In mathematics, the Poincaré metric, named after Henri Poincaré, is the metric tensor describing a two-dimensional surface of constant negative curvature. It is the natural metric commonly used in a variety of calculations in hyperbolic geometry or Riemann surfaces.
There are three equivalent representations commonly used in two-dimensional hyperbolic geometry. One is the Poincaré half-plane model, defining a model of hyperbolic space on the upper half-plane. The Poincaré disk model defines a model for hyperbolic space on the unit disk. The disk and the upper half plane are related by a conformal map, and isometries are given by Möbius transformations. A third representation is on the punctured disk, where relations for q-analogues are sometimes expressed. These various forms are reviewed below.
Overview of metrics on Riemann surfaces
A metric on the complex plane may be generally expressed in the form
where λ is a real, positive function of and . The length of a curve γ in the complex plane is thus given by
The area of a subset of the complex plane is given by
where is the exterior product used to construct the volume form. The determinant of the metric is equal to , so the square root of the determinant is . The Euclidean volume form on the plane is and so one has
A function is said to be the potential of the metric if
The Laplace–Beltrami operator is given by
The Gaussian curvature of the metric is given by
This curvature is one-half of the Ricci scalar curvature.
Isometries preserve angles and arc-lengths. On Riemann surfaces, isometries are identical to changes of coordinate: that is, both the Laplace–Beltrami operator and the curvature are invariant under isometries. Thus, for example, let S be a Riemann surface with metric and T be a Riemann surface with metric . Then a map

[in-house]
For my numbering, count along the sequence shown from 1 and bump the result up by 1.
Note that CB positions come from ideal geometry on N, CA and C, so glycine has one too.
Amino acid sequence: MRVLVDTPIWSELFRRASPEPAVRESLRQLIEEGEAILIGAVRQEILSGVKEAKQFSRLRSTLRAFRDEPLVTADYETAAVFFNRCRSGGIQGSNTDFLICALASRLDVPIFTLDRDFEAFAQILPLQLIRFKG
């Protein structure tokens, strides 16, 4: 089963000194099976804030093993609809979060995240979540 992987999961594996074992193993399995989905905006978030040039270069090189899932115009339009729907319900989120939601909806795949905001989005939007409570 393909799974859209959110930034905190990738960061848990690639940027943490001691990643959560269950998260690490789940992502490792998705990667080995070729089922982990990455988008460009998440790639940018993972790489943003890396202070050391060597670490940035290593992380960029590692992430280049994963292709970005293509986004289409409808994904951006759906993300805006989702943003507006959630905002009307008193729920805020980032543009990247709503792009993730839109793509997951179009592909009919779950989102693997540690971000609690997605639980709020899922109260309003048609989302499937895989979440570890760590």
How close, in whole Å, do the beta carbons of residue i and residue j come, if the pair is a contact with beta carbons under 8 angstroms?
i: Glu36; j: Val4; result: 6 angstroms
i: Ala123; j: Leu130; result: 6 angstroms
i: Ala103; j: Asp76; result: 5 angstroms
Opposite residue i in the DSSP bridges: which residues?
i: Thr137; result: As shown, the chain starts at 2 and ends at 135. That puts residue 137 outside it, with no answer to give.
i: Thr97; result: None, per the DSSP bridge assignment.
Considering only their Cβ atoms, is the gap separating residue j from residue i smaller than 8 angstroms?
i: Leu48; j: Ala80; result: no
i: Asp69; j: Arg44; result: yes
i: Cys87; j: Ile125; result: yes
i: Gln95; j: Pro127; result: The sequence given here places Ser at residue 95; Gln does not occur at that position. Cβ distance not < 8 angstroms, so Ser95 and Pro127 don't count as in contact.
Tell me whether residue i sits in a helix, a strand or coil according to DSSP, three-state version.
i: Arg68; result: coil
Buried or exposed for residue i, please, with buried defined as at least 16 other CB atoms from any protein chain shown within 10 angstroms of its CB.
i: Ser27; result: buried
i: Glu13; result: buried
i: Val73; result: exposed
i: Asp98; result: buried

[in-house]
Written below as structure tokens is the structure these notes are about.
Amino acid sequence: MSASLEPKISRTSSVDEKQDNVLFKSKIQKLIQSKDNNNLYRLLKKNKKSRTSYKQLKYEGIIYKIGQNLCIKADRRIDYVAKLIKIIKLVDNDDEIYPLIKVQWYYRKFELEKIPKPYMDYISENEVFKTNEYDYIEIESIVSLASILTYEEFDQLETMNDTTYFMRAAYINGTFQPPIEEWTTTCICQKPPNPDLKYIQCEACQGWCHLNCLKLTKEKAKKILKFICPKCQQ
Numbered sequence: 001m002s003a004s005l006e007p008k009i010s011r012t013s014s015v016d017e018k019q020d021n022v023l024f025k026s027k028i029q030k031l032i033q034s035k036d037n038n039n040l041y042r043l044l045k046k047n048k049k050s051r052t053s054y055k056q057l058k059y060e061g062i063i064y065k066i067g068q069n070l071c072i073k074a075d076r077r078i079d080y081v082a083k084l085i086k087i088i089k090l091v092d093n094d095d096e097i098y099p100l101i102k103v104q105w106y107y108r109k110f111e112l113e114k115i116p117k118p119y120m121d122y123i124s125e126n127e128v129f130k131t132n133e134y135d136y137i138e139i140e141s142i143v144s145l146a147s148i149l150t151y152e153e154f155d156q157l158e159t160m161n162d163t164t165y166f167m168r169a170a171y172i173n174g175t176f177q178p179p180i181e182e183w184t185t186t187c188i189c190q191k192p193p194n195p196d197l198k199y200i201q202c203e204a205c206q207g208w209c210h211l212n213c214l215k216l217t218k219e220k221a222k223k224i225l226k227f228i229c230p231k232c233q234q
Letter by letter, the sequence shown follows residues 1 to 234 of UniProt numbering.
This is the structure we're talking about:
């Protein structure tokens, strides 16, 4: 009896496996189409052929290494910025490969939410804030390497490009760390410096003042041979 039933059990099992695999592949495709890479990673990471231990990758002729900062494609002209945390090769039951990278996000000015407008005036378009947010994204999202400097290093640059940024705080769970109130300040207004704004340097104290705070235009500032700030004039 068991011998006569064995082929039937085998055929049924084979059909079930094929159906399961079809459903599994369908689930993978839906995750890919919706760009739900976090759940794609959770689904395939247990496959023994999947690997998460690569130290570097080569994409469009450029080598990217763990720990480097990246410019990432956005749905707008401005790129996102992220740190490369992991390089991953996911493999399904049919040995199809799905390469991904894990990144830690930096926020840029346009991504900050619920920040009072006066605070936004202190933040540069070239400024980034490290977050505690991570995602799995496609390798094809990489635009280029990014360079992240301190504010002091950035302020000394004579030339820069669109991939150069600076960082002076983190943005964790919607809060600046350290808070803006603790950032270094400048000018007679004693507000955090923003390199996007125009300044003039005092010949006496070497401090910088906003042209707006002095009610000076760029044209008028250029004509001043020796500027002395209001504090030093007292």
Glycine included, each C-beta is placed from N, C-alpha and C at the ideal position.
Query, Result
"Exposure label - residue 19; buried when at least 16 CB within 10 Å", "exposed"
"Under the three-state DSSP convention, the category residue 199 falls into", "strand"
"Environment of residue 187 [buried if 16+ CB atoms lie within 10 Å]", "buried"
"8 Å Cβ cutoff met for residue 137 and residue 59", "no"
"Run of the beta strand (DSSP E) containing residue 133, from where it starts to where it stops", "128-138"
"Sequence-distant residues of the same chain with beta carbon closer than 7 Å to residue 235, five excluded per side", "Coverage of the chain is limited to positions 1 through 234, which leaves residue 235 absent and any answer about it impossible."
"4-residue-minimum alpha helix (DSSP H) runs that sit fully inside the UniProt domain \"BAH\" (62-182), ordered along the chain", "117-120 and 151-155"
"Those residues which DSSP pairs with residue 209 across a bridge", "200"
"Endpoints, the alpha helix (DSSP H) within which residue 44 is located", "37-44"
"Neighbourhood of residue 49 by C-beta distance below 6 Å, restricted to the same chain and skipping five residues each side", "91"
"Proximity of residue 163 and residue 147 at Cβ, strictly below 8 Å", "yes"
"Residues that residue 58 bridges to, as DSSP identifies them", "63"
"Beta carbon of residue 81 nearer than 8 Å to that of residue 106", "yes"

with is an isometry if and only if it is conformal and if
Here, the requirement that the map is conformal is nothing more than the statement
Metric and volume element on the Poincaré plane
where we write This metric tensor is invariant under the action of SL(2,R). That is, if we write
for then we can work out that
The infinitesimal transforms as
thus making it clear that the metric tensor is invariant under SL(2,R).
The invariant volume element is given by
The metric is given by
Then the metric is given by
Here, and are the endpoints, on the real number line, of the geodesic joining and . These are numbered so that lies in between and .
The geodesics for this metric tensor are circular arcs perpendicular to the real axis (half-circles whose origin is on the real axis) and straight vertical lines ending on the real axis.
Conformal map of plane to disk
where w is the point on the unit disk that corresponds to the point z in the upper half plane. In this mapping, the constant z0 can be any point in the upper half plane; it will be mapped to the center of the disk. The real axis maps to the edge of the unit disk The constant real number can be used to rotate the disk by an arbitrary fixed amount.
The canonical mapping is
which takes i to the center of the disk, and 0 to the bottom of the disk.
Metric and volume element on the Poincaré disk
The volume element is given by
The Poincaré metric is given by
The geodesics for this metric tensor are circular arcs whose endpoints are orthogonal to the boundary of the disk.
The punctured disk model
where q is the nome and τ is the half-period ratio. In the notation of the previous sections, τ is the coordinate in the upper half-plane . The mapping is to the punctured disk, because the value q=0 is not in the image of the map.
The Poincaré metric on the upper half-plane induces a metric on the q-disk
The potential of the metric is
- Fuchsian group
- Fuchsian model
- Kleinian group
- Kleinian model
- Poincaré disk model
- Poincaré half-plane model
- Prime geodesic
- Hershel M. Farkas and Irwin Kra, Riemann Surfaces (1980), Springer-Verlag, New York. ISBN 0-387-90465-4.
- Jurgen Jost, Compact Riemann Surfaces (2002), Springer-Verlag, New York. ISBN 3-540-43299-X (See Section 2.3).
- Svetlana Katok, Fuchsian Groups (1992), University of Chicago Press, Chicago ISBN 0-226-42583-5 (Provides a simple, easily readable introduction.)